Russert, Febuary 27.
EXPIRATION DATE: When Obama announced his decision to break his public
financing pledge June 19, no meeting between the Democratic nominee and
McCain had occurred.
STATEMENT: “I probably would not have supported the federal legislation
[to overhaul welfare], because I think it had some problems." Obama on
the floor of the Illinois Senate, May 31, 1997
EXPIRATION DATE: April 11, 2008: Asked if he would have vetoed the 1996
law, Mr. Obama said, “I won’t second guess President Clinton for
signing” it. Obama to the New York Times.
STATEMENT: "Barack Obama has always believed that same-sex couples
should enjoy equal rights under the law, and he will continue to fight
for civil unions as president. He respects the decision of the
California Supreme Court, and continues to believe that states should
make their own decisions when it comes to the issue of marriage.” –
campaign spokesman, May 5, 2008
EXPIRATION DATE: June 29, 2008: “I oppose the divisive and
discriminatory efforts to amend the California Constitution, and
similar efforts to amend the U.S. Constitution or those of other
states… Finally, I want to congratulate all of you who have shown your
love for each other by getting married these last few weeks.” — letter
to the Alice B. Toklas LGBT Democratic Club
STATEMENT: "Now, I don't think that 'mental distress' qualifies as the
health of the mother. I think it has to be a serious physical issue
that arises in pregnancy, where there are real, significant problems to
the mother carrying that child to term." – Interview with Relevant
magazine, July 1, 2008
EXPIRATION DATE: July 5, 2008: “"My only point is that in an area like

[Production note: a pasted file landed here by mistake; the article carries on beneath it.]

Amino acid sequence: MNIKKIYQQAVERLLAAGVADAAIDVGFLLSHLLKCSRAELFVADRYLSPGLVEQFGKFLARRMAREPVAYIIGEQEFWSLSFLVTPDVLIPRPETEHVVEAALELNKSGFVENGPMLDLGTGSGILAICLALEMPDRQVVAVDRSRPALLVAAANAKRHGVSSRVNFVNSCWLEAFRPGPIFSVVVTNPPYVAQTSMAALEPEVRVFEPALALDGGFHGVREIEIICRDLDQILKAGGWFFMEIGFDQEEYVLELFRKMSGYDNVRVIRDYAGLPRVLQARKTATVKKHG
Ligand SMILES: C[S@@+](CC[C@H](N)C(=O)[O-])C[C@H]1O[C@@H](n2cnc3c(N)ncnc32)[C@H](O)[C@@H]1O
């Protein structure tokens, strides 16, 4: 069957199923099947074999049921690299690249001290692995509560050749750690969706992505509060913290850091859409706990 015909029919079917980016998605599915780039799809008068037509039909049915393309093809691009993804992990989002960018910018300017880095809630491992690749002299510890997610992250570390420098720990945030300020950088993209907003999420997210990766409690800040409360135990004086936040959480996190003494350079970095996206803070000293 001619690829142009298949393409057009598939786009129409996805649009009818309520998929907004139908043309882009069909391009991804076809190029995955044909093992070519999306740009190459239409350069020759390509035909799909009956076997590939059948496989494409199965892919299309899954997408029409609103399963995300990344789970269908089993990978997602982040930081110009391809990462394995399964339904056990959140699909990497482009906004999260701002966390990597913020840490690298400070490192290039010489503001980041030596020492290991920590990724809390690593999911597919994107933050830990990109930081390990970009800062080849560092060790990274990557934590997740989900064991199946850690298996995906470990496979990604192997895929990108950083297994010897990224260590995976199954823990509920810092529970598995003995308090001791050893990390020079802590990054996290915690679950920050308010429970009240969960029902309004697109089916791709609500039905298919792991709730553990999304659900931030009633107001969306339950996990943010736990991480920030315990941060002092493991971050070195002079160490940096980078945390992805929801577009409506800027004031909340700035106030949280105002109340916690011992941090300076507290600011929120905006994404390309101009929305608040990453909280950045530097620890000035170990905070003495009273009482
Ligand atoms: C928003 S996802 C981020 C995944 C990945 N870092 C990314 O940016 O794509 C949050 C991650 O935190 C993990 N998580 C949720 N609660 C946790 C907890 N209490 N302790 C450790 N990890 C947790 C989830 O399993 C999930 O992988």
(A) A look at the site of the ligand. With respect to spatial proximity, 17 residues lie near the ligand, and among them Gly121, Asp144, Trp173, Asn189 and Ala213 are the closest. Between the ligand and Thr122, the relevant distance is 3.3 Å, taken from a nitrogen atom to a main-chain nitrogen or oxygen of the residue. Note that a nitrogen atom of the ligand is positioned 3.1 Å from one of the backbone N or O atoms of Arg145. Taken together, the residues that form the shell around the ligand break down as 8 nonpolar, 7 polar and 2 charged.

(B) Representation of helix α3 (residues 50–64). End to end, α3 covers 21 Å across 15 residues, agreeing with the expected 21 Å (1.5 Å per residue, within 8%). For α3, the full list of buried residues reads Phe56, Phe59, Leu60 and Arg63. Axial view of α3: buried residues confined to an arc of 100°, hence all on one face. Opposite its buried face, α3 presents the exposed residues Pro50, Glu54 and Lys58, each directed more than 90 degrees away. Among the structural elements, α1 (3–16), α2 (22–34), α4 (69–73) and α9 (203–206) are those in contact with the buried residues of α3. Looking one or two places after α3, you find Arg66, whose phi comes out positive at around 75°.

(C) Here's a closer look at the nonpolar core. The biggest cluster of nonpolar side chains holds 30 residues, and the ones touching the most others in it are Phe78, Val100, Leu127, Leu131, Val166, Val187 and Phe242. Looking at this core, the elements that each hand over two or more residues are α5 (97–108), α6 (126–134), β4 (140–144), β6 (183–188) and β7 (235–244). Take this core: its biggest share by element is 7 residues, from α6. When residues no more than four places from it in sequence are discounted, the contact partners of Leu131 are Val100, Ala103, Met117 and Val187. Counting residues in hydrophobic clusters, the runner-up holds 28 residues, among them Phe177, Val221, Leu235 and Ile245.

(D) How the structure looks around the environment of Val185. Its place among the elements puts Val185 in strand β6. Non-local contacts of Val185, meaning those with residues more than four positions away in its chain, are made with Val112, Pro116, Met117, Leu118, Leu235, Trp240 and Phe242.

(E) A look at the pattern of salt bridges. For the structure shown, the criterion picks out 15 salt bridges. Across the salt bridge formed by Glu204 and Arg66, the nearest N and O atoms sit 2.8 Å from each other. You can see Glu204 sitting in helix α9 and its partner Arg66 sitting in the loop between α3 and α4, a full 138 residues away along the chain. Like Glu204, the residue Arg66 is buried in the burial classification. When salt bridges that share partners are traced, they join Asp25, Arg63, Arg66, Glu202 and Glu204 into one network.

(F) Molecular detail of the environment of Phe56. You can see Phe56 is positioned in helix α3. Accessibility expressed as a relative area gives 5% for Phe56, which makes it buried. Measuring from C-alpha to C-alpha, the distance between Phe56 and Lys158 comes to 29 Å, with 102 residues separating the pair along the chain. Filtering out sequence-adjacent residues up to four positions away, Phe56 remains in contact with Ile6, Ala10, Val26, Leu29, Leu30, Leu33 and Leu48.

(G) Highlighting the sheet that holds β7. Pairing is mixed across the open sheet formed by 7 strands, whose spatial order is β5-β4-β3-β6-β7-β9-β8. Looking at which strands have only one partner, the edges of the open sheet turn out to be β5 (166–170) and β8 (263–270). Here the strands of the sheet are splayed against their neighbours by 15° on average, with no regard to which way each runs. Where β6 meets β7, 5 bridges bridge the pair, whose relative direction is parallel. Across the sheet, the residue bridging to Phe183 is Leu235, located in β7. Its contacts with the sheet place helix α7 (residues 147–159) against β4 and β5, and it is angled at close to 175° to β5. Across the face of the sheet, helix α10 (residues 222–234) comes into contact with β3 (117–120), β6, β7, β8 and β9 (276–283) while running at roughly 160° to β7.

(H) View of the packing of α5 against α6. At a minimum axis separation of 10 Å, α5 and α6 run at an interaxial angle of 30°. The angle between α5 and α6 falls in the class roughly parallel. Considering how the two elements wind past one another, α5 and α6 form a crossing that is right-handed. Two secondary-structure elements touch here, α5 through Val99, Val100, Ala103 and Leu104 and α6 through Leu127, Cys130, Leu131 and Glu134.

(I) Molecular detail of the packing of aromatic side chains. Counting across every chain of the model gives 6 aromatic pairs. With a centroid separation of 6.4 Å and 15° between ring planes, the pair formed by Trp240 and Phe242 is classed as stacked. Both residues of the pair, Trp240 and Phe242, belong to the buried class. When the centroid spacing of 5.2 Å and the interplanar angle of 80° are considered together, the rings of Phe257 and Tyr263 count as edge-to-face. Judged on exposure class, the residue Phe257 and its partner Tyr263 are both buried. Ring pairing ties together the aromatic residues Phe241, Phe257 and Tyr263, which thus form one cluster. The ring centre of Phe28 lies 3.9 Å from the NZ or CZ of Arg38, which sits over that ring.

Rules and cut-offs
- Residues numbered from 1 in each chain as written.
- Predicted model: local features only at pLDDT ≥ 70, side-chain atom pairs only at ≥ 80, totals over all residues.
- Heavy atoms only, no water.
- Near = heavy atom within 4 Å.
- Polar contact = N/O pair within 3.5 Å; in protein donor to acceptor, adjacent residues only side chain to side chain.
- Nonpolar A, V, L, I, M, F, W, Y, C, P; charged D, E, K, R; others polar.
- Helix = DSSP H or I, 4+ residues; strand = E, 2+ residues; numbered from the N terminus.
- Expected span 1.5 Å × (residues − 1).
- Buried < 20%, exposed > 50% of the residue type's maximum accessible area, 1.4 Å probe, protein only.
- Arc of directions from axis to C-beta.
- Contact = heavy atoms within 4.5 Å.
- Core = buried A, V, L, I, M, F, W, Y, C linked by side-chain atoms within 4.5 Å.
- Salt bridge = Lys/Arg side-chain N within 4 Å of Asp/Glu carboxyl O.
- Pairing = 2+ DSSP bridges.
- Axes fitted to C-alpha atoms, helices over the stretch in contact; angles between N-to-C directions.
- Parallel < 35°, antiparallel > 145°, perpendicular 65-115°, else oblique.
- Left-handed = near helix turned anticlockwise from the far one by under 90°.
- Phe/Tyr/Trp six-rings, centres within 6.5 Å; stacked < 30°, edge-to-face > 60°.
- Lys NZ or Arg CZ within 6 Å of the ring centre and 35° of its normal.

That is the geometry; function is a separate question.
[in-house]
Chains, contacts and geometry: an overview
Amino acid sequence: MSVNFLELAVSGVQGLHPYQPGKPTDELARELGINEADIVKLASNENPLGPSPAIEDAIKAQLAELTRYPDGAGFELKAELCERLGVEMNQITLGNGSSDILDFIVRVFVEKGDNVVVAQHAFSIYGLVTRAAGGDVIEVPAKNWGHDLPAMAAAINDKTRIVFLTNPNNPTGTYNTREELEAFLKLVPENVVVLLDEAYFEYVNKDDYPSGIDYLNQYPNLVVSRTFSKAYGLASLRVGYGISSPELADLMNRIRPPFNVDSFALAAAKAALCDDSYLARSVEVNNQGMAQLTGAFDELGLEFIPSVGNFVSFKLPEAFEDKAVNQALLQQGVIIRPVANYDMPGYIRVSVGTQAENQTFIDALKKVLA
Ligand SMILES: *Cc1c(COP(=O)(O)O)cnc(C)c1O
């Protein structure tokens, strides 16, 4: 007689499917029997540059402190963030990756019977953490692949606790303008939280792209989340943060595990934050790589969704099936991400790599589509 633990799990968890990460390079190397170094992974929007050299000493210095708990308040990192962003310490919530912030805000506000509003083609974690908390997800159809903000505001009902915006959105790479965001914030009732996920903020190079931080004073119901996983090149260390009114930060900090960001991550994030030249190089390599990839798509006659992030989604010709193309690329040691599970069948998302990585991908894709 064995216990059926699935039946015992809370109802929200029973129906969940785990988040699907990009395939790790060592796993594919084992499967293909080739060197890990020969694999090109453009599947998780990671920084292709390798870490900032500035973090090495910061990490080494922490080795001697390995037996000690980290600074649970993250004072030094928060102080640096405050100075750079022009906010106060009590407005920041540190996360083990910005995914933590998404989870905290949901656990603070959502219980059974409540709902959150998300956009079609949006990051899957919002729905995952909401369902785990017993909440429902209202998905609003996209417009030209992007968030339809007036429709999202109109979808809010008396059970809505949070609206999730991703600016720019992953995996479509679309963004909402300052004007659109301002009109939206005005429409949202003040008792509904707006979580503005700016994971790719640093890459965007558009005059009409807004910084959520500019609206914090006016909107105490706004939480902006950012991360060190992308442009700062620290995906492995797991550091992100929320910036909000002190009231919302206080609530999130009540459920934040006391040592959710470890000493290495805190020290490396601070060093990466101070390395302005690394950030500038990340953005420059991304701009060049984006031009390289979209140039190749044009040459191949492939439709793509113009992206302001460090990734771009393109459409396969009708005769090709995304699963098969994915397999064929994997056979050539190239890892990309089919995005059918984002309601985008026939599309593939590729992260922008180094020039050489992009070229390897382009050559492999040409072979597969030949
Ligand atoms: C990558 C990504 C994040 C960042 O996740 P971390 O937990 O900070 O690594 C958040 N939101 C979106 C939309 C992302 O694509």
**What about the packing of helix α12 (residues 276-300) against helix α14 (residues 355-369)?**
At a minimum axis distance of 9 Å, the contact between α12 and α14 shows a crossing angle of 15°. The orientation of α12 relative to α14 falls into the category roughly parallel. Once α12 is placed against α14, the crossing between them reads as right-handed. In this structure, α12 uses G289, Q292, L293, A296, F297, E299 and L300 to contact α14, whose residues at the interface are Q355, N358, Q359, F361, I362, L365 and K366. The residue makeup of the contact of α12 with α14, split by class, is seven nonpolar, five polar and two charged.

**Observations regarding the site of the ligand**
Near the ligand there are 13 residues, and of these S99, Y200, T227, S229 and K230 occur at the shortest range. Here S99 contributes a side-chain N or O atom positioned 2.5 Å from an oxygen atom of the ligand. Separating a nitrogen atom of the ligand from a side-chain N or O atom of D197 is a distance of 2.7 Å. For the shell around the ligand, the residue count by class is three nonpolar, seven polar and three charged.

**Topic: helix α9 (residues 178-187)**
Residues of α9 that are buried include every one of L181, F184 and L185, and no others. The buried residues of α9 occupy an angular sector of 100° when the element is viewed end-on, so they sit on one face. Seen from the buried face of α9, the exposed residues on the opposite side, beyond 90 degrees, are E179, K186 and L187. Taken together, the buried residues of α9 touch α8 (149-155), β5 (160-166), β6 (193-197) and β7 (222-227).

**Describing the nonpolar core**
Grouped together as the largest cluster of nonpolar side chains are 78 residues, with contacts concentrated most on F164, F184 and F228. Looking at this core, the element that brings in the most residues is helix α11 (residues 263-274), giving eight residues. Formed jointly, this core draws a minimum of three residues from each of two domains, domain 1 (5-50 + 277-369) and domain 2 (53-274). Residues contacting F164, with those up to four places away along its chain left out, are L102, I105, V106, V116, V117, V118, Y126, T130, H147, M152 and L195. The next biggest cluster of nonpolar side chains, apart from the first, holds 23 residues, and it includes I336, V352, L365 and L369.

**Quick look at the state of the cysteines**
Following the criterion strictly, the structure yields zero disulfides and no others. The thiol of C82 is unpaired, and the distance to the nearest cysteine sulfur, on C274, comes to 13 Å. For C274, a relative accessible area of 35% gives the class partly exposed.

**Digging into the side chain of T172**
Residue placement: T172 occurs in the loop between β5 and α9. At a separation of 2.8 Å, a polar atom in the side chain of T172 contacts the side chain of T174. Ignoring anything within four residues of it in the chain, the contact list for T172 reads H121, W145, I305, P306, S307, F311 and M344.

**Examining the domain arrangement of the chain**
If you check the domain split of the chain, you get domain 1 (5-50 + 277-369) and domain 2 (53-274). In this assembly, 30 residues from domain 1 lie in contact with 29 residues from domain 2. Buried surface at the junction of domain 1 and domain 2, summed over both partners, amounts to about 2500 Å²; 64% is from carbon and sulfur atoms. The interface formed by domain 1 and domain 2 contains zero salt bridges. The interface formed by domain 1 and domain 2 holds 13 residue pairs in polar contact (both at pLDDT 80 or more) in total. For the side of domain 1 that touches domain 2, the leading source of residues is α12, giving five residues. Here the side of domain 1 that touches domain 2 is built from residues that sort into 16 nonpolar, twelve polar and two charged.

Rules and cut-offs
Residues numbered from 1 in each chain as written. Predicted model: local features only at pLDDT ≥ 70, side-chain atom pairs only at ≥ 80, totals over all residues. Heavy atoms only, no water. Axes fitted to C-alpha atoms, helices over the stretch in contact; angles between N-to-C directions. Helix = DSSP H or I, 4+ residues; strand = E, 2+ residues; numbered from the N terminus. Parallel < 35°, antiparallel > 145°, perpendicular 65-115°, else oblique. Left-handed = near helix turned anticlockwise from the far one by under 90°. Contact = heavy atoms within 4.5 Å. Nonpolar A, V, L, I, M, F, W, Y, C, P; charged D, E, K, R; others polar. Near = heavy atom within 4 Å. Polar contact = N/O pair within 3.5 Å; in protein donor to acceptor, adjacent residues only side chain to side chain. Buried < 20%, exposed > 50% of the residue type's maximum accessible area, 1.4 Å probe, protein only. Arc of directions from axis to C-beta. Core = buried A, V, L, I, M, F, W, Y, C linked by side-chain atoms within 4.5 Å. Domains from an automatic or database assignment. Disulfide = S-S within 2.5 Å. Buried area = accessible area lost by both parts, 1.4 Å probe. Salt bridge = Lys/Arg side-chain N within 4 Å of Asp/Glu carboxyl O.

partial-birth abortion having a mental, having a health exception can
be defined rigorously. It can be defined through physical health, It
can be defined by serious clinical mental-health diseases.” statement
DIVISION OF JERUSALEM
STATEMENT: "Jerusalem will remain the capital of Israel, and it must
remain undivided." — speech before AIPAC, June 4, 2008
EXPIRATION DATE: June 6, 2008: "Jerusalem is a final status issue,
which means it has to be negotiated between the two parties" as part of
"an agreement that they both can live with." – an Obama adviser
clarifying his remarks to the Jerusalem Post.
We can't believe what he says about anything. Although we might be
forgiven for believing that what he says in the first place is more
true than what he says in the second place. For example, here's what he
said to (and about) ACORN.
Just campaign rhetoric? Sure. Now he'll throw them under the bus, where
they'll join the bloodiest vehicular undercarriage splatter CSI ever had to explain away under their blue blue lights.
When will Americans start learning
they can't trust this man? How egregious will his sins have to
become before people start to reengage with the awful meaning of the
words that were reduced to nonsense by all the spurious accusations
You tell me. Only after that will it be possible for us to consider the
ramifications of the rest of the Democrats' preemptive propaganda
strike. How bad is it going to get? How seriously afraid should we be?